I always had this in mind, but until recently had no time to look closely at implementing it. Then I saw a forum post with a sample script for generating the nginx configuration file based on Cpanel account info, and then an onslaught of visitors on a shared Cpanel server I admin slowed it to a crawl, and I was forced to delve into the innards of Cpanel. As a result of this investigation I wrote the "nginx on Cpanel" HOWTO presented below.
Installing Apache module
First of all, when nginx is used as a reverse proxy to Apache, the visitors' IPs received by Apache are wrong - all requests to Apache come from nginx, so the main server IP will be logged.
To make Apache log the real IPs of the visitors instead of the main server IP, a special Apache module (mod_rpaf) is needed.
Download, untar, cd to the newly created directory and run this command as root:
/usr/local/apache/bin/apxs -i -c -n mod_rpaf-2.0.so mod_rpaf-2.0.c
That will install the module into the Apache module directory.
Then go to WHM, Main >> Service Configuration >> Apache Configuration > Include Editor > Pre Main Include and add this section there, replacing LIST_OF_YOUR_IPS with the list of IP addresses managed by Cpanel:
Apache configuration changes
Then we need to move Apache to another port, let's take 81 for example. You can simply edit it in the "Tweak Settings" page in WHM, replacing 0.0.0.0:80 with 0.0.0.0:81 or, doing it command line way, edit /var/cpanel/cpanel.config and change port 80 in apache_port assignment to 81:
apache_port=0.0.0.0:81Run /usr/local/cpanel/whostmgr/bin/whostmgr2 --updatetweaksettings as advised at the top of that file.
Check /usr/local/apache/conf/httpd.conf for any occurences of port 80, and run /scripts/rebuildhttpdconf to make sure httpd.conf is up to date.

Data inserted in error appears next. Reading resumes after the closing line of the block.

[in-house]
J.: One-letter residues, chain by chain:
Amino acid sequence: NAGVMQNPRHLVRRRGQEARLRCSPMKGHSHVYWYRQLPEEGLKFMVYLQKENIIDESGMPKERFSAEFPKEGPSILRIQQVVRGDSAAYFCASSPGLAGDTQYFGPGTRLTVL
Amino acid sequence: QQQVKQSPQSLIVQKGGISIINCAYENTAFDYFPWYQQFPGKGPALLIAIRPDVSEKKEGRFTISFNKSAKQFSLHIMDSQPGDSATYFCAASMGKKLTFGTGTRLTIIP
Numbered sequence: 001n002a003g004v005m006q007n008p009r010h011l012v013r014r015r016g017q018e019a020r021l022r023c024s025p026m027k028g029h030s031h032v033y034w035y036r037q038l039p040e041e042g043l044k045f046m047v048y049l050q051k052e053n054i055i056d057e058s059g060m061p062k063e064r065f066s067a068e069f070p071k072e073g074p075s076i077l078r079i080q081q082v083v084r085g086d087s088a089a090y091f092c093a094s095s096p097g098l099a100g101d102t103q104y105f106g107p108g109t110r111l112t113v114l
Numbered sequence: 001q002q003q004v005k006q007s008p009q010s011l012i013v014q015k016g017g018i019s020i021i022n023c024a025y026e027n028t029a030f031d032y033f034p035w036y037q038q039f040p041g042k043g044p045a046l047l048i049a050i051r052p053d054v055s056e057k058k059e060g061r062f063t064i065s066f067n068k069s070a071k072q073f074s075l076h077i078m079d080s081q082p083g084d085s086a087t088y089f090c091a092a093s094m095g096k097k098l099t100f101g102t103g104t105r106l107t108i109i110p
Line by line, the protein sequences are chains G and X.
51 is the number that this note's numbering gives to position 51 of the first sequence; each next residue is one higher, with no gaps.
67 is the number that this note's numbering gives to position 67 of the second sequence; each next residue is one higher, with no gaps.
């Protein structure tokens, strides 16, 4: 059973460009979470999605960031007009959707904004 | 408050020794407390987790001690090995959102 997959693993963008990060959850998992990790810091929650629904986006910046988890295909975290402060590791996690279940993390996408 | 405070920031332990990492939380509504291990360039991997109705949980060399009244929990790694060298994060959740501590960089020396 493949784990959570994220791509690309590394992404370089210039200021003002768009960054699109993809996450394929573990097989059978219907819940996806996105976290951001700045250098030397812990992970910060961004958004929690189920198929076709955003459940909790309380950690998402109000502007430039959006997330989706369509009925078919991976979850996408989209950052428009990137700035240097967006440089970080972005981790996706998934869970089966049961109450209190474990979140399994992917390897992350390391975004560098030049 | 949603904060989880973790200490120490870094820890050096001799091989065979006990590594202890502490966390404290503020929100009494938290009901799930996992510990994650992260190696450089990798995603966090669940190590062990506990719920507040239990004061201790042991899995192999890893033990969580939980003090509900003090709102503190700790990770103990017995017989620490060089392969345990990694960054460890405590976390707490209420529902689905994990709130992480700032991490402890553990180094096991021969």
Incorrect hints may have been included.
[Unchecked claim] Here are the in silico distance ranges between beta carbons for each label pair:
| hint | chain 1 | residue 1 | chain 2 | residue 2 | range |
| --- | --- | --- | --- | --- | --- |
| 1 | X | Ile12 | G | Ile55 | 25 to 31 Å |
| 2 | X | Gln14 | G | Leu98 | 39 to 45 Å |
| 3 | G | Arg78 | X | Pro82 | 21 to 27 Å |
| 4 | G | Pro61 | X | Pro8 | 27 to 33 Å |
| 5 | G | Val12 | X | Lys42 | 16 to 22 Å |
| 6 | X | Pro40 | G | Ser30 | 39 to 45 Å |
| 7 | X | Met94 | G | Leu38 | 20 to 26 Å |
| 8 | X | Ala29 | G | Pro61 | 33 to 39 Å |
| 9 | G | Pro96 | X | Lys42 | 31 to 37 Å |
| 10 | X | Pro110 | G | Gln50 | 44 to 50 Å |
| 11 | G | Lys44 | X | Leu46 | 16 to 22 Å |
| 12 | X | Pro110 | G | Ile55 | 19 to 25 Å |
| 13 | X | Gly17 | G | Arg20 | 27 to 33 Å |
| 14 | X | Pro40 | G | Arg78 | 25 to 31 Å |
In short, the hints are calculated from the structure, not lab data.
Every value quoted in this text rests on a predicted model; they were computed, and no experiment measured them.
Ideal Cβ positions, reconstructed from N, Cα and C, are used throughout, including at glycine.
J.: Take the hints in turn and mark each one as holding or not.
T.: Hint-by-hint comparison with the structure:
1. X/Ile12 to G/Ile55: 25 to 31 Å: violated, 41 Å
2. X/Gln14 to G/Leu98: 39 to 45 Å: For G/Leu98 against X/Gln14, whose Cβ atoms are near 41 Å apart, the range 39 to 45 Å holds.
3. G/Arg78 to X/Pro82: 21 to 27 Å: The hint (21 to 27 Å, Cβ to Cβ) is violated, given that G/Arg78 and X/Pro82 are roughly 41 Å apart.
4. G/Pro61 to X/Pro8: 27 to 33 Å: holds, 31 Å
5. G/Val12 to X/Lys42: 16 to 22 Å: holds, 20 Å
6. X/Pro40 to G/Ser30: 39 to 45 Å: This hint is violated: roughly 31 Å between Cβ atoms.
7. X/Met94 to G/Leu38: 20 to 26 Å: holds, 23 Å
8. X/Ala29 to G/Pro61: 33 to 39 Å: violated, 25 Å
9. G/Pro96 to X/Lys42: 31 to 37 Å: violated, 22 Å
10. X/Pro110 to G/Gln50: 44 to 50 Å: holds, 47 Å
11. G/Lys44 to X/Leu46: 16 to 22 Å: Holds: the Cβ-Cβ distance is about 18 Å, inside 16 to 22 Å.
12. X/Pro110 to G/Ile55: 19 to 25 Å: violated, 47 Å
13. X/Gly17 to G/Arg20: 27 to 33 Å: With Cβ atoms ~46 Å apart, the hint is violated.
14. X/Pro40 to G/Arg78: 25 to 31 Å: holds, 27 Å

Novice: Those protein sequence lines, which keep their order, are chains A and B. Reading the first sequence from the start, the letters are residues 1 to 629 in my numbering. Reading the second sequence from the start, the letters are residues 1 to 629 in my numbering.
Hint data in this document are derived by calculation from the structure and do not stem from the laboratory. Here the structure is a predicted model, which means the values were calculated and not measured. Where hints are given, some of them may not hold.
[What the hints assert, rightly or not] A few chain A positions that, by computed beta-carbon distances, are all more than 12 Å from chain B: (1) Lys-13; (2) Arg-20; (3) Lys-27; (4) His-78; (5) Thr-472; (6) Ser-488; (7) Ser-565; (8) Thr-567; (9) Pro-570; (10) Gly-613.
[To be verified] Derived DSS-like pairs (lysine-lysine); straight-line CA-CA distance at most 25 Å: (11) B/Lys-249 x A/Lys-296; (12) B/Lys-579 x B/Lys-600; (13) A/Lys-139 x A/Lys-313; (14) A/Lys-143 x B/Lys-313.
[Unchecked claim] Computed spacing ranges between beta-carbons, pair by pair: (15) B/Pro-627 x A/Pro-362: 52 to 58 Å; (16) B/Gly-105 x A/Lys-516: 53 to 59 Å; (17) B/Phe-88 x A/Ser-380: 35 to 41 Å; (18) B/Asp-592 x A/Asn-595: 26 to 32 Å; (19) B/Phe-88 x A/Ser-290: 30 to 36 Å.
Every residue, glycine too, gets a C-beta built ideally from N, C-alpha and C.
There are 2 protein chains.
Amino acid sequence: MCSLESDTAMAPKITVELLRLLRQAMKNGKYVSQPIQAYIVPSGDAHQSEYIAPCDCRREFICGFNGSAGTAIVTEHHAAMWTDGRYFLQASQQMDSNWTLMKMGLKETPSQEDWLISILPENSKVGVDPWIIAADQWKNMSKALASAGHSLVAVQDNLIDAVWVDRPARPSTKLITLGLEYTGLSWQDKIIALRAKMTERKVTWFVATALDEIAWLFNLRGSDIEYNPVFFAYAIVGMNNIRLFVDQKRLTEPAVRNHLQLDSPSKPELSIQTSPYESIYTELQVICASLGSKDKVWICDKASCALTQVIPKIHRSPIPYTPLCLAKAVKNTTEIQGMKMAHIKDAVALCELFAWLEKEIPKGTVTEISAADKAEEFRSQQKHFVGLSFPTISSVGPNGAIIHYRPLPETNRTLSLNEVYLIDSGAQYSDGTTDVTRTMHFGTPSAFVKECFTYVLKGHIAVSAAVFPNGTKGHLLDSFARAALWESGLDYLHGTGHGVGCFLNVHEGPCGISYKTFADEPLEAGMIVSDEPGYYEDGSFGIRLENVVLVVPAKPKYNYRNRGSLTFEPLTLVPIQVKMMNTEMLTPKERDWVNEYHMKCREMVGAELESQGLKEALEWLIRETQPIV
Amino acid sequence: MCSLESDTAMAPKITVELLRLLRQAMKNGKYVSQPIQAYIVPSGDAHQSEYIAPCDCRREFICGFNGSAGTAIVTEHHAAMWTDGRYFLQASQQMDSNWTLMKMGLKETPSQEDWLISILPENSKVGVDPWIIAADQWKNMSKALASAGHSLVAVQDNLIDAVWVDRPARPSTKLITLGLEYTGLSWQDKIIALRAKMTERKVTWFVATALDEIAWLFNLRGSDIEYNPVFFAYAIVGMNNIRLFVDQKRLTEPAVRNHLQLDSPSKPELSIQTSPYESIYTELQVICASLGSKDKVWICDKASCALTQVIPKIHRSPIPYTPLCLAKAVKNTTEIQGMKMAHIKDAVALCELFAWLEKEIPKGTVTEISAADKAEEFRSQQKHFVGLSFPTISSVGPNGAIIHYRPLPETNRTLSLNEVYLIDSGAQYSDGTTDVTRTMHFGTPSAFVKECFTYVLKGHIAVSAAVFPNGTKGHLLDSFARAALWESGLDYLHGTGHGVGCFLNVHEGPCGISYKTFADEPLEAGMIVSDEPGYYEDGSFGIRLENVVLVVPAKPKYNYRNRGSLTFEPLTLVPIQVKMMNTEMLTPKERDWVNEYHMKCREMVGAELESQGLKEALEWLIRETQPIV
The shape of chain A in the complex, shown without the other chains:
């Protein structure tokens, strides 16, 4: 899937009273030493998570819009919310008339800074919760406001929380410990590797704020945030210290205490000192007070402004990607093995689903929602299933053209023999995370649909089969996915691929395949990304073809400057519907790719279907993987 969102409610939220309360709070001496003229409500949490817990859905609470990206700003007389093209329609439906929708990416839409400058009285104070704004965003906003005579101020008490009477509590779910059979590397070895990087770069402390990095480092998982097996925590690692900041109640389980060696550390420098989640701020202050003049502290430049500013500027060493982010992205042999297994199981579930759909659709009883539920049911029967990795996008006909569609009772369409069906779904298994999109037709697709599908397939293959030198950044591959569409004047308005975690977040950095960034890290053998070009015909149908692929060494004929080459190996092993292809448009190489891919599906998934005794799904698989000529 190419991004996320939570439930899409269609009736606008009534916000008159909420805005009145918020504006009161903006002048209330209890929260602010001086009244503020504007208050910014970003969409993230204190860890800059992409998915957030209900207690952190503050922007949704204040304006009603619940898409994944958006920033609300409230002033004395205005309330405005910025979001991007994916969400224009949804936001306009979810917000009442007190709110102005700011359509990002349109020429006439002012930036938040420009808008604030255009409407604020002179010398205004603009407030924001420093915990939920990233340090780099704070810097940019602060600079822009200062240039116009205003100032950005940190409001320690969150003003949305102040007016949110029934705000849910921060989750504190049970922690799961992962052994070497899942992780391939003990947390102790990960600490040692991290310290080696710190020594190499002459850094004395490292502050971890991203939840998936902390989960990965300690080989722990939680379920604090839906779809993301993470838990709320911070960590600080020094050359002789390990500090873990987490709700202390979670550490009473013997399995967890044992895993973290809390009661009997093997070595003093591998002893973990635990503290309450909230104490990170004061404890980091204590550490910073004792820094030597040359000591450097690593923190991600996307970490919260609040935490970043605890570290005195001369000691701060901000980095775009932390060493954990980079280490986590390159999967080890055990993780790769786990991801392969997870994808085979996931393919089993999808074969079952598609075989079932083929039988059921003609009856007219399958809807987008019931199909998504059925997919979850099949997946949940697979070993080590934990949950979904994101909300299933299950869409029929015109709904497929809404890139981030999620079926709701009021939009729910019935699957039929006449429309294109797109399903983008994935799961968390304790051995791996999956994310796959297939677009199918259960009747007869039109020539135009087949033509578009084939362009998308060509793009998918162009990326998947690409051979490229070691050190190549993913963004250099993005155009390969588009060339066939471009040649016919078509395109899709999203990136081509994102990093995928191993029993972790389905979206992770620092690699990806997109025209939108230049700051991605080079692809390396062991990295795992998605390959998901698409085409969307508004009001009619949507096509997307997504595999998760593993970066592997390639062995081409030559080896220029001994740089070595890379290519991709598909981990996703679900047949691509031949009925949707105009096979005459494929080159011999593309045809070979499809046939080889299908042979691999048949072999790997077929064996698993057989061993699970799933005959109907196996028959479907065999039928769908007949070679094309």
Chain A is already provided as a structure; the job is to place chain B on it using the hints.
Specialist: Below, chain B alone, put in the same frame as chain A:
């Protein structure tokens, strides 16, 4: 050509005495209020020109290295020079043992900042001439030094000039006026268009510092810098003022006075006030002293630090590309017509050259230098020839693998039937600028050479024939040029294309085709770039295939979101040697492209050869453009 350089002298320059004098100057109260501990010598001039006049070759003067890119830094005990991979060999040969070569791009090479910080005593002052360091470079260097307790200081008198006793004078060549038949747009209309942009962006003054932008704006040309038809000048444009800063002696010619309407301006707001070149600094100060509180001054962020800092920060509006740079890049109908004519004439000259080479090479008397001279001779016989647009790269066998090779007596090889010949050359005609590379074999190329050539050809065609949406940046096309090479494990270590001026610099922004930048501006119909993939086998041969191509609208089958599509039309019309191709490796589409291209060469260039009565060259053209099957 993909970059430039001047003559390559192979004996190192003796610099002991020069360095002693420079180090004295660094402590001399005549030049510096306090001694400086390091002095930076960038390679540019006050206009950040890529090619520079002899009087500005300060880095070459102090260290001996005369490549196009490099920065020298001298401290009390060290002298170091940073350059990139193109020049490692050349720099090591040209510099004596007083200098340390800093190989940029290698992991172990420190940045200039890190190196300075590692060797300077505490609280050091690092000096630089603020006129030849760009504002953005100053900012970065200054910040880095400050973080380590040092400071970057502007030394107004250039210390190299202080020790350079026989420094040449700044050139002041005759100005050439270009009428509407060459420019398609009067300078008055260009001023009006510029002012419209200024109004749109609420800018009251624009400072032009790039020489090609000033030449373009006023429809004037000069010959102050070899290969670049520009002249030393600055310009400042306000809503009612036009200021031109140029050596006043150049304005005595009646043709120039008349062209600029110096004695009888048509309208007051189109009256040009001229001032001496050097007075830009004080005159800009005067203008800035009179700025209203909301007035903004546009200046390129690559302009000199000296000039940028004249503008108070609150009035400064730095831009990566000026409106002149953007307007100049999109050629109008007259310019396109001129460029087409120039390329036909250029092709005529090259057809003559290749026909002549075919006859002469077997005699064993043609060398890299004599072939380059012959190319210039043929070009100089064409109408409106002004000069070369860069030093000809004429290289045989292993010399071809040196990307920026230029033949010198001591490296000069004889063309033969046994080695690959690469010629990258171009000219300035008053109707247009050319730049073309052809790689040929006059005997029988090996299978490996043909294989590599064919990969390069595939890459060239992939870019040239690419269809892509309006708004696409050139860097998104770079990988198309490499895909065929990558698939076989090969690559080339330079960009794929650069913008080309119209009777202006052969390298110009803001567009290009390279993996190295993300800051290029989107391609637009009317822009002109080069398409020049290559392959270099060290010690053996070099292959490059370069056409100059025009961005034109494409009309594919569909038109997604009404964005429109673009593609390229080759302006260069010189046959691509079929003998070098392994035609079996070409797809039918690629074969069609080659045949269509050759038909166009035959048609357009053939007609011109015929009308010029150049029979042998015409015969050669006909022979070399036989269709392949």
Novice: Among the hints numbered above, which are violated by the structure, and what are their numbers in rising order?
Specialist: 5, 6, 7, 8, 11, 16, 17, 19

It also makes sense to reduce the number of Apache children, as nginx will take care of spoonfeeding the data to the clients connecting via the slow network links, freeing Apache children to do their backend work. Edit /usr/local/apache/conf/httpd.conf and replace prefork.c section with this (note that I used very modest values here, and your mileage may vary):
Run /usr/local/cpanel/bin/apache_conf_distiller --update --main to pick up the changes, and then /scripts/rebuildhttpdconf to make sure your changes are in.
Note that you will need to watch Apache extended server status at the peak load times to have an idea how many Apache children your server needs by default.
You'll also need to update the Apache port in /etc/chkserv.d/httpd and restart chksrvd with /etc/init.d/chksrvd restart
Generating nginx config files
The final step - we have to build the nginx config file based on the domains hosted on your server.
It is done by the simple script which will generate two configuration files for nginx - main one here: /usr/local/nginx/conf/nginx.conf and the include file with all virtual hosts: /usr/local/nginx/conf/vhost.conf
Run /usr/local/nginx/sbin/nginx -t to check the configuration, and then /usr/local/nginx/sbin/nginx to start nginx. You are set!
If you don't care about the bandwidth consumed by the virtual hosts and are willing to lose the correct bandwidth calculation over the increased server performance, you can uncomment the <location> lines below the WARNING comment and watch the server picking up the speed. Beware of the two gotchas here: the sub domains most likely will not work as they have document root pointed to a different place, and as nginx doesn't support .htaccess files for the performance reasons, they won't be obeyed for the file types listed.
Obviously, the config file must be regenerated every time a new domain is added. The deleted and suspended domains should work just fine though.
You may ask, is it really worth the trouble? Here's a graph of the average load on the server where nginx was installed as a reverse proxy for Apache as described in this post, can you guess where the switch to nginx happened?